Simple JavaScript Shop - Back to the future : Part 1

March 20, 2015 by JavaScript  

Around 1999 I created my first website using HTML and JavaScript or rather what was referred to as DHTML back then. It was an interesting attempt, but quite a colourful hodgepodge of borrowed scripts, applets, frames, plugins and animated gifs.

Gradually over the years that followed I started writing my own scripts, but felt too intimidated to publish my source code to the web. Obviously criticism is essential, but the guys on the web can get quite nasty at times, so we need to learn how to differentiate between constructive, destructive and negative criticism.

Likewise self-criticism is nearly as important, in 2004 I shared my first script with the dev community, which is going to be the topic of self-criticism in this post.

The purpose of this script was to furnish a webmaster with a very basic shop to use on their website.


Lets have a quick look at the code, labelled as v1.0 in the attached download via the GIT.

Use of vanilla JavaScript

The first thing you notice when opening the project is the use of vanilla JavaScript, nowadays we generally don't like to go bareback like this, but then again this was written shortly before JavaScript frameworks got really popular.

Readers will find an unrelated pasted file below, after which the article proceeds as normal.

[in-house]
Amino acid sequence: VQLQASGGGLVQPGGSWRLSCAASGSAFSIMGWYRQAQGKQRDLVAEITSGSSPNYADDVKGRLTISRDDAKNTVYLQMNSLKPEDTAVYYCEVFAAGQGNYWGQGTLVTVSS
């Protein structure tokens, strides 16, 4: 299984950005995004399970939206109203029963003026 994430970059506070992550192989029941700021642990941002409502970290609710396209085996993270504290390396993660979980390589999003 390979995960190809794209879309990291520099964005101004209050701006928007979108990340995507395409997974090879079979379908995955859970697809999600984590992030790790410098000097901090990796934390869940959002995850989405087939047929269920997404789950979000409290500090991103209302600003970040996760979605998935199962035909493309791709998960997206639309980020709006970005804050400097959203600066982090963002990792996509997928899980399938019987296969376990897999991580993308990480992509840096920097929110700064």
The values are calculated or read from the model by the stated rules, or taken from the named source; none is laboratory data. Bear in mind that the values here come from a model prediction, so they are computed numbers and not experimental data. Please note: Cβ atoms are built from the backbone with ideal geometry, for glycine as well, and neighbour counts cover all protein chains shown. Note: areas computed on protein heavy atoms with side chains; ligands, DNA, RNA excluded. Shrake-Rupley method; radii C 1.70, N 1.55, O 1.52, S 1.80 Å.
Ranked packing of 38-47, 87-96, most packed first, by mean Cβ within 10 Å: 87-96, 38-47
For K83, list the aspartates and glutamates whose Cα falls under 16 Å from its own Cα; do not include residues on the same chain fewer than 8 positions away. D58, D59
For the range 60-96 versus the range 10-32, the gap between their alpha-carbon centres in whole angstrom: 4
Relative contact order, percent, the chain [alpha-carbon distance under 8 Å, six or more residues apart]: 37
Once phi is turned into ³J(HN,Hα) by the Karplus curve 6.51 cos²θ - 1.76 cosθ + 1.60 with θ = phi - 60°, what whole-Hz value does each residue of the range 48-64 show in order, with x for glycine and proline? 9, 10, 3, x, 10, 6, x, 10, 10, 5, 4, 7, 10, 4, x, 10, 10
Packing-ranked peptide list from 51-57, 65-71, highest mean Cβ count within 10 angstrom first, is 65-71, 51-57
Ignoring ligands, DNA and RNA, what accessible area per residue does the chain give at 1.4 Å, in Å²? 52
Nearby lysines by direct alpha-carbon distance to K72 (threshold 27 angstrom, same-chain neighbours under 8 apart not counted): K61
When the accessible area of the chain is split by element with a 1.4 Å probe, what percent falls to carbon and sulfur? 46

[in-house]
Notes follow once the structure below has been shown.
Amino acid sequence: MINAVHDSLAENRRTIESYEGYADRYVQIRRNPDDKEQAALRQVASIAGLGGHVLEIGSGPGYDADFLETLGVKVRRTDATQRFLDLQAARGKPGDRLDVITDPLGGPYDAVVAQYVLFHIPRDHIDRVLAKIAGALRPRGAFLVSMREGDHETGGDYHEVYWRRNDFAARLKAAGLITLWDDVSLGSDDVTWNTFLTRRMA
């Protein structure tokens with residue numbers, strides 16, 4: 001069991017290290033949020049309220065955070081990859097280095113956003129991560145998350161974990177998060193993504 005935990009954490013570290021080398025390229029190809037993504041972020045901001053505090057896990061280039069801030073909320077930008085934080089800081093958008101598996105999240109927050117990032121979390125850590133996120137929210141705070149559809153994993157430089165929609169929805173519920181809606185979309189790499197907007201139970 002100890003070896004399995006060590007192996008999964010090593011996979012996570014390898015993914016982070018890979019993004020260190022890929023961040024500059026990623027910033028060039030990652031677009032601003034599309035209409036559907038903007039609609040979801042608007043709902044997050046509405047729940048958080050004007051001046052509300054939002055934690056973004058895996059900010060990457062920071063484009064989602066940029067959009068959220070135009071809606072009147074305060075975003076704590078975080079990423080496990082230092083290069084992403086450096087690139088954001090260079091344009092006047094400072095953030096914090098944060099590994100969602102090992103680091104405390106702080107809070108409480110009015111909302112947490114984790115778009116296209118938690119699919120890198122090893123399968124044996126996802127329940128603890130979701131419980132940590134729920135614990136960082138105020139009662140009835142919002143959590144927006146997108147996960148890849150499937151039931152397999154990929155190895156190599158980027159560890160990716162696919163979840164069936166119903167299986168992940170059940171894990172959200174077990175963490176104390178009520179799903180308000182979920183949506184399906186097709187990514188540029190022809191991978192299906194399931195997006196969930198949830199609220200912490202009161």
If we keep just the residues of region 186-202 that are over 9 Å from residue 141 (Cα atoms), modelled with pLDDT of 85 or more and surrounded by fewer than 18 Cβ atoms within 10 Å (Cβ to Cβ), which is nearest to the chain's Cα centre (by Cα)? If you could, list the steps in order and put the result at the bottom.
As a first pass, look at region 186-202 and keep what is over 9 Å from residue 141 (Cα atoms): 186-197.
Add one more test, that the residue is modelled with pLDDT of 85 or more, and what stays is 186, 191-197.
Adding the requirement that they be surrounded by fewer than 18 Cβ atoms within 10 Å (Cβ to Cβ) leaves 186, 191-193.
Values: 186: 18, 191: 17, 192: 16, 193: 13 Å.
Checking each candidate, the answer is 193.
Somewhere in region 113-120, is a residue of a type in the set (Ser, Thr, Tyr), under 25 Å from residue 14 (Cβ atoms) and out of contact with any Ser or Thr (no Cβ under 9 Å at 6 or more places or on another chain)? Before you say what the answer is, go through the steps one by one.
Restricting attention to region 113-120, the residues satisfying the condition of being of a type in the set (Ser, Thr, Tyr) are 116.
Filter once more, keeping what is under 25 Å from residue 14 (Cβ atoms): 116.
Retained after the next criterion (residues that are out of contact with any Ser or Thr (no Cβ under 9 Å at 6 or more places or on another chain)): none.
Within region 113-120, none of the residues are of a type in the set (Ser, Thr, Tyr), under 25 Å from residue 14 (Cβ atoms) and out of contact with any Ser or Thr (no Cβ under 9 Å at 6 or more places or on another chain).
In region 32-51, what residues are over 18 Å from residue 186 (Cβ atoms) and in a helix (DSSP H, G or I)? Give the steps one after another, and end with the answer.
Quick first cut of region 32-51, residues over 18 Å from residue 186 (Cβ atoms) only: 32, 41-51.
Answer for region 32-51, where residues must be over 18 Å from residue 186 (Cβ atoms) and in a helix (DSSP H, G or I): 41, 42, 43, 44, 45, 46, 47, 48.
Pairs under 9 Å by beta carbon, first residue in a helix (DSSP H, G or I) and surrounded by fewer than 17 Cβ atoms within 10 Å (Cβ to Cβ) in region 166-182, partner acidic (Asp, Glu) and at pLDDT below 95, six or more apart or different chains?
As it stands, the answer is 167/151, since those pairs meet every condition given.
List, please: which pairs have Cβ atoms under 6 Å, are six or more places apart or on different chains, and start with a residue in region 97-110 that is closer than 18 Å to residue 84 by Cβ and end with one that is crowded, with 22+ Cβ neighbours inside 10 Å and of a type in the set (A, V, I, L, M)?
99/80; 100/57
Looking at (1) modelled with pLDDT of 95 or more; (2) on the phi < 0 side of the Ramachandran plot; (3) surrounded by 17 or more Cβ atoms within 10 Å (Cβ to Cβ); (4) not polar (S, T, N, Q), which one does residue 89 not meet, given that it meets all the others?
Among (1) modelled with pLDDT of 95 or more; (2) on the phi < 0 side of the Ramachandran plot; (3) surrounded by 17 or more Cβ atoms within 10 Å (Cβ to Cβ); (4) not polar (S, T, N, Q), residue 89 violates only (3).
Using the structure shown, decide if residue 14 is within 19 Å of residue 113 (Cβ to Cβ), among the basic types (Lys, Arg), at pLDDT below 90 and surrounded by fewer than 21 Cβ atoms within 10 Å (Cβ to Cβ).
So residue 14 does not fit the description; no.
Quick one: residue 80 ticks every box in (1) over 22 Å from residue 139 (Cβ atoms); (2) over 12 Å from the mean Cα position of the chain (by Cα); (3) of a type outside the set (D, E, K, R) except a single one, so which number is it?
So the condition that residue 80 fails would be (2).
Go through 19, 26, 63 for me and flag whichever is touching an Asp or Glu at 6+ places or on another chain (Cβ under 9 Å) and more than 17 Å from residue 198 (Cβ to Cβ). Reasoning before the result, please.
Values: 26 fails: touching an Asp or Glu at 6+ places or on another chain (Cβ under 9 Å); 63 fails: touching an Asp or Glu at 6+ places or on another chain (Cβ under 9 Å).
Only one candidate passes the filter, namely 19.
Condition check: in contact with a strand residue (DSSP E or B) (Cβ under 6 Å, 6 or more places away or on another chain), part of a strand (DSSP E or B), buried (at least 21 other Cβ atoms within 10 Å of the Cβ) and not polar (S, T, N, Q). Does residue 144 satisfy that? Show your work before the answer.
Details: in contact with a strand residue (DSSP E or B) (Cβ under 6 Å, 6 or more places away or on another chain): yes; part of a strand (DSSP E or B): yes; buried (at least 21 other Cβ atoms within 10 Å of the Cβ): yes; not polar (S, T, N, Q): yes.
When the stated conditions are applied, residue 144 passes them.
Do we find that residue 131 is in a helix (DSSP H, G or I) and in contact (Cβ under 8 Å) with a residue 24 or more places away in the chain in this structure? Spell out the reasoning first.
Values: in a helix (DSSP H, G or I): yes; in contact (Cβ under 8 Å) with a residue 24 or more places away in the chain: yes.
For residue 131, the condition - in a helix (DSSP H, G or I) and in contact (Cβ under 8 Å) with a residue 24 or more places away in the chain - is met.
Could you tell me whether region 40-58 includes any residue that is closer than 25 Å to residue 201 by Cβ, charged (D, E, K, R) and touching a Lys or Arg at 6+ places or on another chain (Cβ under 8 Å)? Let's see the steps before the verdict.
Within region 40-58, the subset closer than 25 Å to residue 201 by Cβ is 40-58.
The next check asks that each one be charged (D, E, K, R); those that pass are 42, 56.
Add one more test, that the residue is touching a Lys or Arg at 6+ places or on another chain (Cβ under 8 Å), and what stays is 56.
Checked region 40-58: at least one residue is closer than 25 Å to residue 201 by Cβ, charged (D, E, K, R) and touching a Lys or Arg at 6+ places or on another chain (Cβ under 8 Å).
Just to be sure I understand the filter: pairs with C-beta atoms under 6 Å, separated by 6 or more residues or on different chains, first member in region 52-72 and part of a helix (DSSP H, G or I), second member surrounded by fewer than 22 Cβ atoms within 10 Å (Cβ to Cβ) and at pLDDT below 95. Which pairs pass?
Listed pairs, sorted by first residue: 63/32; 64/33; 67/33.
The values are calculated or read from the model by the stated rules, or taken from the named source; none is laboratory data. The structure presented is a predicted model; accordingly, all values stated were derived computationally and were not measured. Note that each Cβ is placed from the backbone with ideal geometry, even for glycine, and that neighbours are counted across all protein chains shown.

Poor naming conventions

Well... I didn't actually use one consistent naming convention in this code at all. Some of the variables/functions use camel case, others pascal case, even a few that is simply in lowercase,  some are named using English others Afrikaans (my home language), very very messy.


Poor Formatting

Most of the code isn't properly indented, making it harder to read - bad manners to release unformatted code to the public.


Cross Browser Issues

In my defence there is some kind of interesting effort made at cross browser compatibility in the project which worked fine at the time, but since I didn't maintain the code over the years, it fails in newer browsers like chrome.


Mixing of JavaScript and HTML

Now this might be a matter of preference and context, but for the code in question it is definitely unnecessary and contributes to an overall code readability/maintainability problem.


Code Duplication

Related to the previous point, the scripts are all over the show and not contained within a central library, the result is that there is code duplication, which is obviously not a good idea e.g. change it here need to change it everywhere etc.

General Issues

  • Inline styles used.
  • Inconsistent styles among various browsers.
  • var keyword omitted from some variables, making those variables global for no apparent reason.
  • Use of XML instead of JSON (the bindings ultimately happens with JSON, why have a middle man that parses XML)

In the next part we're going to rewrite this script using current trends and practises (note that the source code for the next part is already available in the accompanying download).

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